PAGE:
The news that Monroeville, Alabama author Harper Lee will publish a sequel to "To Kill a Mockingbird" this summer elicited a mix of astonishment, delight and doubt.
The book is called "Go Set a Watchman" and, according to publisher HarperCollins, it's from a manuscript that Lee, 88, lost many years ago. Its sudden re-appearance has some observers scratching their heads.
How does one of America's greatest living authors write a book, lose it, and find it again 60 years later? Why is it that Lee's longtime editor still hadn't read the book as of Tuesday?
These are questions that one might ask Lee, but she hasn't given an interview since 1964. Lately even her editor has had a hard time contacting her.
According to this interview in Vulture.com, Hugh Van Dusen, her editor since 2007, didn't know about the book until Monday, and still hadn't read it Tuesday. He also suggested that no one at HarperCollins had contacted Lee directly, but that the publisher has worked through Lee's attorney, Tonja Carter.
Questions about the timing of the new book surfaced almost immediately after the HarperCollins announcement Tuesday.
"Be suspicious of the new Harper Lee novel" said this article in Jezebel.com. The story points out that Lee, who had a stroke in 2007, has lost much of her eyesight and hearing. She lives in an assisted care facility and gets about on a wheelchair. The vulnerable writer might not have approved of the deal, suggests writer Madeleine Davies.
Up until last year the author was protected by sister Alice Lee, her lawyer, confidante and advocate. Alice died three months ago at age 103, leaving Harper's representation to Alice's younger law partner, Tonja Carter.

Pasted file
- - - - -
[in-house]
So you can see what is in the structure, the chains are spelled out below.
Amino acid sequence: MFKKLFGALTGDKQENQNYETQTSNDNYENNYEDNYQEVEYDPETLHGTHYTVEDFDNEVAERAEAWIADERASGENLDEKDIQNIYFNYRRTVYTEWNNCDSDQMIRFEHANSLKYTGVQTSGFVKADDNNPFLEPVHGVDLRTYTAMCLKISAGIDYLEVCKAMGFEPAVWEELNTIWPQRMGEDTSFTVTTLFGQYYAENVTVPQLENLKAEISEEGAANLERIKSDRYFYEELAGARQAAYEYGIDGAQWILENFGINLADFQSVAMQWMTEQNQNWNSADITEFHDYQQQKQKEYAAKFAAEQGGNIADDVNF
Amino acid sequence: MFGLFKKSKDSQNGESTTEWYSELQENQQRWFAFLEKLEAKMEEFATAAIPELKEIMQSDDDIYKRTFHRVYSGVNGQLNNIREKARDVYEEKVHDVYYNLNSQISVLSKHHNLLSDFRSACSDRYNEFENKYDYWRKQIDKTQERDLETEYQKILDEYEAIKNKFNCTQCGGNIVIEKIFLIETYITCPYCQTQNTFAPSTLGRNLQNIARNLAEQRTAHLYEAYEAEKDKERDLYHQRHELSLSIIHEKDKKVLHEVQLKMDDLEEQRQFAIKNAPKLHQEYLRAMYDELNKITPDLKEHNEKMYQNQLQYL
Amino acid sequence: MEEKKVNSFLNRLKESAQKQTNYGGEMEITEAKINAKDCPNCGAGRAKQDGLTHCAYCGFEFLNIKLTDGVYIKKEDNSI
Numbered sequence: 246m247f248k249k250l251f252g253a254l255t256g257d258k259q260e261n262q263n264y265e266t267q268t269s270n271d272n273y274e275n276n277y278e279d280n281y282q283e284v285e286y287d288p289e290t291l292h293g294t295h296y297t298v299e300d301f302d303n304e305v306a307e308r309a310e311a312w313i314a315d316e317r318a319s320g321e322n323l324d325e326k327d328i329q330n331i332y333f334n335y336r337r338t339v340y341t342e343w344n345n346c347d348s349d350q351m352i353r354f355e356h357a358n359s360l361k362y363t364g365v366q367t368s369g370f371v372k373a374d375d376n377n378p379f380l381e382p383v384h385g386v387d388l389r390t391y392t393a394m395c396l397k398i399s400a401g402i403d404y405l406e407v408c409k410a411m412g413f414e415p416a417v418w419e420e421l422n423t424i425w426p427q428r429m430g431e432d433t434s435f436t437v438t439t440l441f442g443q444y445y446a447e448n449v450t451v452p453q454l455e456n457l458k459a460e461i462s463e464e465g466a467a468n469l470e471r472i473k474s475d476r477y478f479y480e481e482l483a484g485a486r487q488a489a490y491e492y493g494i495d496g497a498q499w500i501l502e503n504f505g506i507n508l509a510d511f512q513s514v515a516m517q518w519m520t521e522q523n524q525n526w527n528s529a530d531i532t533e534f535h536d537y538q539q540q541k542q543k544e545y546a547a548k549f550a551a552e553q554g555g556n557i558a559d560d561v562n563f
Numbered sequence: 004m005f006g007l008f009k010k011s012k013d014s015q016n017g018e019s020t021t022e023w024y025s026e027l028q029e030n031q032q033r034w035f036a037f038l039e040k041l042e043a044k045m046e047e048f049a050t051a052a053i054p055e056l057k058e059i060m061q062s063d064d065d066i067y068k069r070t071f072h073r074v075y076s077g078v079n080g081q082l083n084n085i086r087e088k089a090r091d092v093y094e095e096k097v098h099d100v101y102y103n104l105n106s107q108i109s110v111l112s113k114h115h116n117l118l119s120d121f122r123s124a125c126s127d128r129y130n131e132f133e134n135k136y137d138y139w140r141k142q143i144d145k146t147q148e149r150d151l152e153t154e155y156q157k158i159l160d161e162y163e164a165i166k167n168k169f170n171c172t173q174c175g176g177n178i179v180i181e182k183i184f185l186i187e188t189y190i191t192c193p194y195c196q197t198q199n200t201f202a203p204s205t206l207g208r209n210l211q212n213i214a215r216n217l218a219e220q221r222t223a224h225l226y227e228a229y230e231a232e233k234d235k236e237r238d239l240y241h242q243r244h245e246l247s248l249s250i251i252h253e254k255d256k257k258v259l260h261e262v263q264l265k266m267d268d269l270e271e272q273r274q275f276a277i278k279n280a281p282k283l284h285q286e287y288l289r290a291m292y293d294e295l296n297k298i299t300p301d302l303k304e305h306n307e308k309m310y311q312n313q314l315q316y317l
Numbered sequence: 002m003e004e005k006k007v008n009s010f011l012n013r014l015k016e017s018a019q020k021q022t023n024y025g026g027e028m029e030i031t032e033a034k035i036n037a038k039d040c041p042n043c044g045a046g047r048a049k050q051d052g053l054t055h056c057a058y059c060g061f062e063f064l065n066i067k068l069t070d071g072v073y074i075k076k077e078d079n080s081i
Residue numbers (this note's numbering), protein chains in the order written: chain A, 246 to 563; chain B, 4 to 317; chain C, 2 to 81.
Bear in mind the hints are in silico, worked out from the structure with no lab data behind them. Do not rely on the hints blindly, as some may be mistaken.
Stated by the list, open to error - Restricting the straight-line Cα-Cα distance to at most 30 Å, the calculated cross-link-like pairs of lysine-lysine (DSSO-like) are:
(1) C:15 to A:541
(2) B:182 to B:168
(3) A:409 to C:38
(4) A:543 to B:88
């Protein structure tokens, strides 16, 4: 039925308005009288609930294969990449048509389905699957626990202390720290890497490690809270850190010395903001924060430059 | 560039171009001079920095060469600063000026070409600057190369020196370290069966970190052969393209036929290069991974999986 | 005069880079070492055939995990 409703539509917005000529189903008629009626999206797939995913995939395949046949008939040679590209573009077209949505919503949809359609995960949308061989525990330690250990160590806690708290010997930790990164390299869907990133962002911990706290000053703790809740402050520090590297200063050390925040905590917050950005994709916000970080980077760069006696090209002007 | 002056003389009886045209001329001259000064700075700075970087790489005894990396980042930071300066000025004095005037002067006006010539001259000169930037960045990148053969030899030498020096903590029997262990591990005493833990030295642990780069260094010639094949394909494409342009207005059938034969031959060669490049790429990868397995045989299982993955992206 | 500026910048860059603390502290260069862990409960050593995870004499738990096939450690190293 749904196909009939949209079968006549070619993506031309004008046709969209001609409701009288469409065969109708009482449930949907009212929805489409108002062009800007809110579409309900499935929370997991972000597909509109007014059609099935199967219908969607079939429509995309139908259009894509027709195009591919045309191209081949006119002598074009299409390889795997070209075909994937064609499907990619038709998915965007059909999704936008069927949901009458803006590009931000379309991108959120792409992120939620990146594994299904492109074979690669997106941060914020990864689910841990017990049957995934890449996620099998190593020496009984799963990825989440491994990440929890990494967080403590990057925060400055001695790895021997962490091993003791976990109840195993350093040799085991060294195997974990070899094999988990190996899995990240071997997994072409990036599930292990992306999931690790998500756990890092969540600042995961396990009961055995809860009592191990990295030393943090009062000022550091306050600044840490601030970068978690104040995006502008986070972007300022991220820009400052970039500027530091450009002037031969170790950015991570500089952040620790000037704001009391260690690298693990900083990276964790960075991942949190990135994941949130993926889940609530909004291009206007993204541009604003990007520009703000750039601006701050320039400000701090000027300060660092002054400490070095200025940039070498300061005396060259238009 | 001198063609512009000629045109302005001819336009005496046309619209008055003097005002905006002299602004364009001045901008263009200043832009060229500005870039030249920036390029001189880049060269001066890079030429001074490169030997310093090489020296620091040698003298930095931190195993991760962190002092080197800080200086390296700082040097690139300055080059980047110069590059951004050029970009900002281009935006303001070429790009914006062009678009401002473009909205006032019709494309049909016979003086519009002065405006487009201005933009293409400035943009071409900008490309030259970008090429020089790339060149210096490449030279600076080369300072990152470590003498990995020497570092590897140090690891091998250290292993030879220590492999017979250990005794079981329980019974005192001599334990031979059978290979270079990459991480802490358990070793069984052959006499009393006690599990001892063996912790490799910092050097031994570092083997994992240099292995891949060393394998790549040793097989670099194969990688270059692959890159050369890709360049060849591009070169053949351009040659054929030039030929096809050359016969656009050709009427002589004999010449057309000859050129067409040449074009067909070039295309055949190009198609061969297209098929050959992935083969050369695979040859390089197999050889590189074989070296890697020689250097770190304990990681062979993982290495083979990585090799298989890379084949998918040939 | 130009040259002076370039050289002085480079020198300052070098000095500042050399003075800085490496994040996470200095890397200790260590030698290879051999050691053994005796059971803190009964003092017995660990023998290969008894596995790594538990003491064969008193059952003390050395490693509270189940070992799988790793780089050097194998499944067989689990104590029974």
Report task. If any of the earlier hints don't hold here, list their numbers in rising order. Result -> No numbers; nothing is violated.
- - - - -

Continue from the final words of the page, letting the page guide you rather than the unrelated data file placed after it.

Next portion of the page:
HarperCollins issued a press release saying that Carter negotiated the deal for the new book. "Go Set a Watchman" looks at the relationship between an adult Scout and her father Atticus Finch, and the racial politics of a small town in Alabama during the 1950s.
According to the press release, Lee wrote "Watchman" first. An editor suggested that she focus on the childhood memories of Scout, so she put "Watchman" aside and wrote "To Kill a Mockingbird," set 20 years earlier. "Mockingbird" went on to sell 40 million copies and is recognized as one of the greatest novels in American literature.
The greatest mystery in American literature was Lee's silence after "Mockingbird." How could she write a book that good and never write another?
Suspicious minds offered the theory that she might have received help from her childhood friend and next door neighbor Truman Capote, who is portrayed in the book (some say) as the pint-sized intellectual, Dill.
Lee has denied Capote's participation, and described him as a "psychopath" in "The Mockingbird Next Door," a portrait of the Lee sisters written by former Chicago Tribune journalist Marja Mills.
The HarperCollins release says that Carter discovered the new manuscript "in a secure location where it had been affixed to an original typescript of 'To Kill a Mockingbird'".
It quotes Lee as saying she was "delighted" that Carter discovered it. "After much thought and hesitation I shared it with a handful of people I trust and was pleased to hear that they considered it worthy of publication," she is quoted as saying. "I am humbled and amazed that this will now be published after all these years."
Mallory Ortberg, writing here in The-Toast.net, casts doubt on the veracity of the press release.